Rhetorical Analysis Assignment #2
In an article titled “I invested early in Google and Facebook. Now they terrify me.” by Roger McNamee, he argues that websites sites like Facebook and Google are corrupting the minds of people. McNamee is an American businessman who specializes in investing in technology. This background gives McNamee credibility and authority in his writing about things like Facebook. He states that Facebook and websites like it exploit human nature and addictive behaviors to earn more revenue. This makes these sites unmoral and a harmful asset to society. Despite McNamee not being known as a professional writer, he uses effective rhetorical strategies such as Pathos and Exemplification to persuade his audience towards his position. I will be discussing how these strategies prove to be effective as well as the assumptions and weaknesses McNamee makes in his article. This will help us further understand how important the internet really is and the precautions that should be used when on it.
One strategy McNamee uses to persuade his readers is pathos. Pathos is a method of rhetorical writing that uses emotion to appeal to the audience. Good use of this strategy activates a reader’s emotions which causes them to be influenced towards the author’s point of view. McNamee does this brilliantly in his article titled, “I invested early in Google and Facebook. Now they terrify me.” An example comes when McName talks about how Google and Facebook control the minds of people. He states, “Like gambling, nicotine, alcohol or heroin, Facebook and Google — most importantly through its YouTube subsidiary — produce short-term happiness with serious negative consequences in the long term” (McNamee). By comparing social media to addictive and dangerous drugs, McNamee is appealing to the readers negative emotions. Since many people have strong unpleasant experiences with these drugs, McNamee uses this in his favor to explain that social media is a lot like these drugs and should be used with caution. The things McNamee uses to compare social media too are also highly addictive. He chooses these four items to warn the audience that they can become addicted to social media, which is another stab at the reader’s emotions. Pathos is an extremely effective strategy when trying to persuade an audience and McNamee provides an impressive example of it in his article.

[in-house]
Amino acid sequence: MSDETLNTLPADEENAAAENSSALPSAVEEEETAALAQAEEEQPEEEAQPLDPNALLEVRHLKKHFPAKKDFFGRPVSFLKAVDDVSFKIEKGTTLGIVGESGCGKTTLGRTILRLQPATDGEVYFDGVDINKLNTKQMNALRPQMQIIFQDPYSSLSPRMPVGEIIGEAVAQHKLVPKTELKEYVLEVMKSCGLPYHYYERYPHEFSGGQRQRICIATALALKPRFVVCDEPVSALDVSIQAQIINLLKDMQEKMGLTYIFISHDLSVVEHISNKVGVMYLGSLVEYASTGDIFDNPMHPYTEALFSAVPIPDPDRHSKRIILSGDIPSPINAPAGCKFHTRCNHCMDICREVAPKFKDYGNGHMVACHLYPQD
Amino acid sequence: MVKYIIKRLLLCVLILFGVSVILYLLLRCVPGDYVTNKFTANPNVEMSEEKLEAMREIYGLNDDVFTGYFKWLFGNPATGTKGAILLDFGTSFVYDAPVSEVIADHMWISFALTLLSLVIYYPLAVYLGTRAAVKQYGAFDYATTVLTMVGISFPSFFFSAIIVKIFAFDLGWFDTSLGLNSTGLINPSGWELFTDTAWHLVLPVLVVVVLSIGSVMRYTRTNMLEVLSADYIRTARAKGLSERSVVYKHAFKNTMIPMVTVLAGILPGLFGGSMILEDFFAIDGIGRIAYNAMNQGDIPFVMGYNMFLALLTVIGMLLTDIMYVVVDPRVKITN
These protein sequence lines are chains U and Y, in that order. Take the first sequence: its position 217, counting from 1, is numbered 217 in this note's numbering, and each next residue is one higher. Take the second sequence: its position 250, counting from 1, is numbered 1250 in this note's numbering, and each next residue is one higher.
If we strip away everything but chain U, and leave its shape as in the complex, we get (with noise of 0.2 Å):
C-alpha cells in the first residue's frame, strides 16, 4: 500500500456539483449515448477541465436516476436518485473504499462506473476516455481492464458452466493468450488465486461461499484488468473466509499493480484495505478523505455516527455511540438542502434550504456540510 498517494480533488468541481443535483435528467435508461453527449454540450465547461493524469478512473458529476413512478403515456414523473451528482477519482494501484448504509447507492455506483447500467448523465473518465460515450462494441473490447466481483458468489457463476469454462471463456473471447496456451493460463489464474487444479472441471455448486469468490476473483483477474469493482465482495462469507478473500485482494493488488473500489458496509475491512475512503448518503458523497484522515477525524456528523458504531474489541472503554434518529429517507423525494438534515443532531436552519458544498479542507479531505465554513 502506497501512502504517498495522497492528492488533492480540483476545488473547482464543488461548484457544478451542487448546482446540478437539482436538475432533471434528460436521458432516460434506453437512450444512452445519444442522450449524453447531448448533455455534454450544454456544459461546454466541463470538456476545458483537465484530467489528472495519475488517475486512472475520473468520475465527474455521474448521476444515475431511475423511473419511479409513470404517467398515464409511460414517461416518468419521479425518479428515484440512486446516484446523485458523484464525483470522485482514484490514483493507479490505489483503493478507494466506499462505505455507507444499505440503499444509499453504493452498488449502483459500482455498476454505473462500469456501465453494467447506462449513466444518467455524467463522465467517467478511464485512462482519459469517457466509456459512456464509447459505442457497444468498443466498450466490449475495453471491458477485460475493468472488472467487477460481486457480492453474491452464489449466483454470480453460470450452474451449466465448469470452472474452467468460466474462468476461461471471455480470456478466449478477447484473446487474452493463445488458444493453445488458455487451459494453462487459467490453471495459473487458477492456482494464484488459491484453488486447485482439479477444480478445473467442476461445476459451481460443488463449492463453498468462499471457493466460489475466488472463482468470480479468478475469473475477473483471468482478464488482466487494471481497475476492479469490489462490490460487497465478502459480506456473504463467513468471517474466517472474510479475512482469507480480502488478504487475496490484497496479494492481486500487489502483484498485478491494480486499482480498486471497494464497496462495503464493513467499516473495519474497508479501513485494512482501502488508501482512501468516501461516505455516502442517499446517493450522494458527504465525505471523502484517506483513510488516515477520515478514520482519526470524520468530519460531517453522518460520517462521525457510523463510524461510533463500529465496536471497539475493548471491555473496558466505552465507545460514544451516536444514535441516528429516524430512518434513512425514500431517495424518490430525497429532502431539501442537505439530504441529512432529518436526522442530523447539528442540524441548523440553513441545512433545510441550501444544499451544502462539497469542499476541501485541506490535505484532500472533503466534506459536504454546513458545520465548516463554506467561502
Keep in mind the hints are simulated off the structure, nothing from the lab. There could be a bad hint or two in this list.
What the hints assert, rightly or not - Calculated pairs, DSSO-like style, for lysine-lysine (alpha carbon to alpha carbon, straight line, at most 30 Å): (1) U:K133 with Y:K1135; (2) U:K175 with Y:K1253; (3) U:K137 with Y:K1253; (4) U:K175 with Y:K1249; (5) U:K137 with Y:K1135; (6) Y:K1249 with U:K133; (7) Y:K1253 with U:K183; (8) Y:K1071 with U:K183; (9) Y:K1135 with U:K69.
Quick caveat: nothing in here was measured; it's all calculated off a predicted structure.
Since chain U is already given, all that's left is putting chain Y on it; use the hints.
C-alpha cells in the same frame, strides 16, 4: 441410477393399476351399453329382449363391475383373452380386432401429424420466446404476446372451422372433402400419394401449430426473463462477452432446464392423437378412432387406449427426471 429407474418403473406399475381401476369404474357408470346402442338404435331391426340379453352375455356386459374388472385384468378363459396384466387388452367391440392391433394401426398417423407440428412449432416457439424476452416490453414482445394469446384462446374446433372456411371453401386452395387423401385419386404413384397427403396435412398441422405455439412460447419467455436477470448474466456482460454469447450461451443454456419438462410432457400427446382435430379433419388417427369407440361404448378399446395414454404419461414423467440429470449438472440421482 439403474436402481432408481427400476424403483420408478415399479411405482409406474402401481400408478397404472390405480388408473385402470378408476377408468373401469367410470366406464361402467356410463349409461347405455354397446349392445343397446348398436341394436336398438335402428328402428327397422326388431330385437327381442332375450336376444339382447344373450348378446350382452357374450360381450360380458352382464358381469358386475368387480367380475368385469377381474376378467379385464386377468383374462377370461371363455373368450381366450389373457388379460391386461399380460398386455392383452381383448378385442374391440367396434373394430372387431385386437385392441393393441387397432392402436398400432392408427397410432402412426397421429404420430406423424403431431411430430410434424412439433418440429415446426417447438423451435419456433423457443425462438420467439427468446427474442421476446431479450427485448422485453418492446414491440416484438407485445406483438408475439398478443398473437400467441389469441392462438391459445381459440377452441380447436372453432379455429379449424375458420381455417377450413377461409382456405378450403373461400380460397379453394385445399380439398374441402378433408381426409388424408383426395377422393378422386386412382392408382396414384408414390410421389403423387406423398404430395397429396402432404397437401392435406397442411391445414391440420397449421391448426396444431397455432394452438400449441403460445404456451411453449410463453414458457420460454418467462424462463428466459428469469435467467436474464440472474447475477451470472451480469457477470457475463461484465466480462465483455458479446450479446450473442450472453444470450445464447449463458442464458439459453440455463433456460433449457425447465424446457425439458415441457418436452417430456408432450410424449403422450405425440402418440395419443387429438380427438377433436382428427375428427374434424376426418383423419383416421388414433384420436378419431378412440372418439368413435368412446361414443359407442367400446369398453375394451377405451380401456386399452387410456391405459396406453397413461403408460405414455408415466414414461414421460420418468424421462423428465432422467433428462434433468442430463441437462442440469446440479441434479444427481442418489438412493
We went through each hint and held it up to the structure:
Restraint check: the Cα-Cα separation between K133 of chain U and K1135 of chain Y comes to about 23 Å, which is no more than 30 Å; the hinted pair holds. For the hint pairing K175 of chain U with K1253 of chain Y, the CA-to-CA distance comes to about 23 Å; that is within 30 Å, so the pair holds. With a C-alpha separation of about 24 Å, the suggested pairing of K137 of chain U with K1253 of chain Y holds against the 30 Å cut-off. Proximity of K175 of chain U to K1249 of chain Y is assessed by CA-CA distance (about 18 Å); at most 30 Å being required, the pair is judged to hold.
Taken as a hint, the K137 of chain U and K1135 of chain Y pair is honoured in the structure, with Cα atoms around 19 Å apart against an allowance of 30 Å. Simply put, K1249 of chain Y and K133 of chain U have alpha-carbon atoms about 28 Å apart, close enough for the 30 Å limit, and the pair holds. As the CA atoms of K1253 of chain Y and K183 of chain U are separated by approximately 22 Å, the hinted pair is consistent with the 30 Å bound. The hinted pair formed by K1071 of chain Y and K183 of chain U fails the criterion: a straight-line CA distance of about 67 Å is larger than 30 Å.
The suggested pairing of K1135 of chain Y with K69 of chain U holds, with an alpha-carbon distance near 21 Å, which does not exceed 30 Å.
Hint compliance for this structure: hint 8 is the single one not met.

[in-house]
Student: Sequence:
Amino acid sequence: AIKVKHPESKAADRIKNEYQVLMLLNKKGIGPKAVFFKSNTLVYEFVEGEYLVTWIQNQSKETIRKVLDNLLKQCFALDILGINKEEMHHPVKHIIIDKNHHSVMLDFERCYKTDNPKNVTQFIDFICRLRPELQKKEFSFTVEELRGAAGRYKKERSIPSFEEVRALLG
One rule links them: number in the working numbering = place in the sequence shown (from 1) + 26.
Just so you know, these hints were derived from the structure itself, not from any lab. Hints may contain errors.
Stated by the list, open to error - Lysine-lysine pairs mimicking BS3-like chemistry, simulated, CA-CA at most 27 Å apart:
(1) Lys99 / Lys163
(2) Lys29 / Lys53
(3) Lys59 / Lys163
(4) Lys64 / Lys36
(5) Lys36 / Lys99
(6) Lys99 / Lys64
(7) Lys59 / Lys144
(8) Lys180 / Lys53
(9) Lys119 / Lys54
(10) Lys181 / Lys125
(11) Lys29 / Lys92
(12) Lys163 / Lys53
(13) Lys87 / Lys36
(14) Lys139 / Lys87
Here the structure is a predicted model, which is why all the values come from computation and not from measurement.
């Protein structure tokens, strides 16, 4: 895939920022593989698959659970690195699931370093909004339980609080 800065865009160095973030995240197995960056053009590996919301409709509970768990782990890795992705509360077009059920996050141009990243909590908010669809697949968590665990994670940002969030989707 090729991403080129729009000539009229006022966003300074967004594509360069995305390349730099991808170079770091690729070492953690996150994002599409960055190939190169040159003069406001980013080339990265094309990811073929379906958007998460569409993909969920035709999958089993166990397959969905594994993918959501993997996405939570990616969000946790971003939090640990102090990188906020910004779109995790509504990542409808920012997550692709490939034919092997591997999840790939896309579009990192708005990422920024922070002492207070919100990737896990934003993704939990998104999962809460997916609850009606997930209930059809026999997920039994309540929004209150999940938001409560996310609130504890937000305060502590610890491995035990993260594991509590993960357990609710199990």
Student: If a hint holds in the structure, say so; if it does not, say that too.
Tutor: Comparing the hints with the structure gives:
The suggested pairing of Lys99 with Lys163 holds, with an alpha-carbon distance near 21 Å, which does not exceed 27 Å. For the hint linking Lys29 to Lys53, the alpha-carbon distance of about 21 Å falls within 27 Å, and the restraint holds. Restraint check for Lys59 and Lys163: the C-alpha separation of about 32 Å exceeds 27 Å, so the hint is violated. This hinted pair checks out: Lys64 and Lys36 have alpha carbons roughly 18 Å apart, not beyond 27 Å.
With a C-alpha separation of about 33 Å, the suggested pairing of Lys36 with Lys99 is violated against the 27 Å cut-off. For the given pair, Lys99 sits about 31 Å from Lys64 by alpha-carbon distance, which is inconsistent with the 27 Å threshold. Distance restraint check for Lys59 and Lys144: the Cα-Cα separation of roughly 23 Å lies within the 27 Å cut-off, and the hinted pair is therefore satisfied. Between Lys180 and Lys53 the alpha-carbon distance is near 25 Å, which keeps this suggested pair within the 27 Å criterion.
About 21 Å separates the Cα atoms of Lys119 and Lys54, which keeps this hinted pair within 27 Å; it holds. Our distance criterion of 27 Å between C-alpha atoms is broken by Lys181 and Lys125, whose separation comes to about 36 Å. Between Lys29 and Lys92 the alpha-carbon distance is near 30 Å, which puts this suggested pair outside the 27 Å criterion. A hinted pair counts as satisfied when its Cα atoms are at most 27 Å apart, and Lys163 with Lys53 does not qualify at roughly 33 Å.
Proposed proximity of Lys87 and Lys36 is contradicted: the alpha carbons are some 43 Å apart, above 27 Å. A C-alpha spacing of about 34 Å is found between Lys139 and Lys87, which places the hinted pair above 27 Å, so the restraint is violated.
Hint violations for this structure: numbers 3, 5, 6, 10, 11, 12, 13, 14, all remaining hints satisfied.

Another rhetorical strategy that McNamee uses is exemplification. The use of examples can be very effective because they provide hard evidence that supports an author’s claim. In “I invested early in Google and Facebook. Now they terrify me” McNamee uses an example of when Facebook decided to target teens who were depressed because they were “more susceptible to advertising”(McNamee). This story is a compelling work of rhetoric by McNamee. Facebook trying to make money off of mental health problems is sure to capture the audience’s attention as well as make them think badly of the social media company. Another attack on Facebook comes later in the article. McNamee gives an example that states, “One firm was caught using Facebook tools to spy on law abiding citizens.” The readers now have received two examples of Facebook causing problems within our society. The first one was used to show how Facebook is doing harm as a company and the second displayed how the site can be used for harmful purposes. Examples like these give proof of McNamee’s claim which is what makes them so rhetorically effective.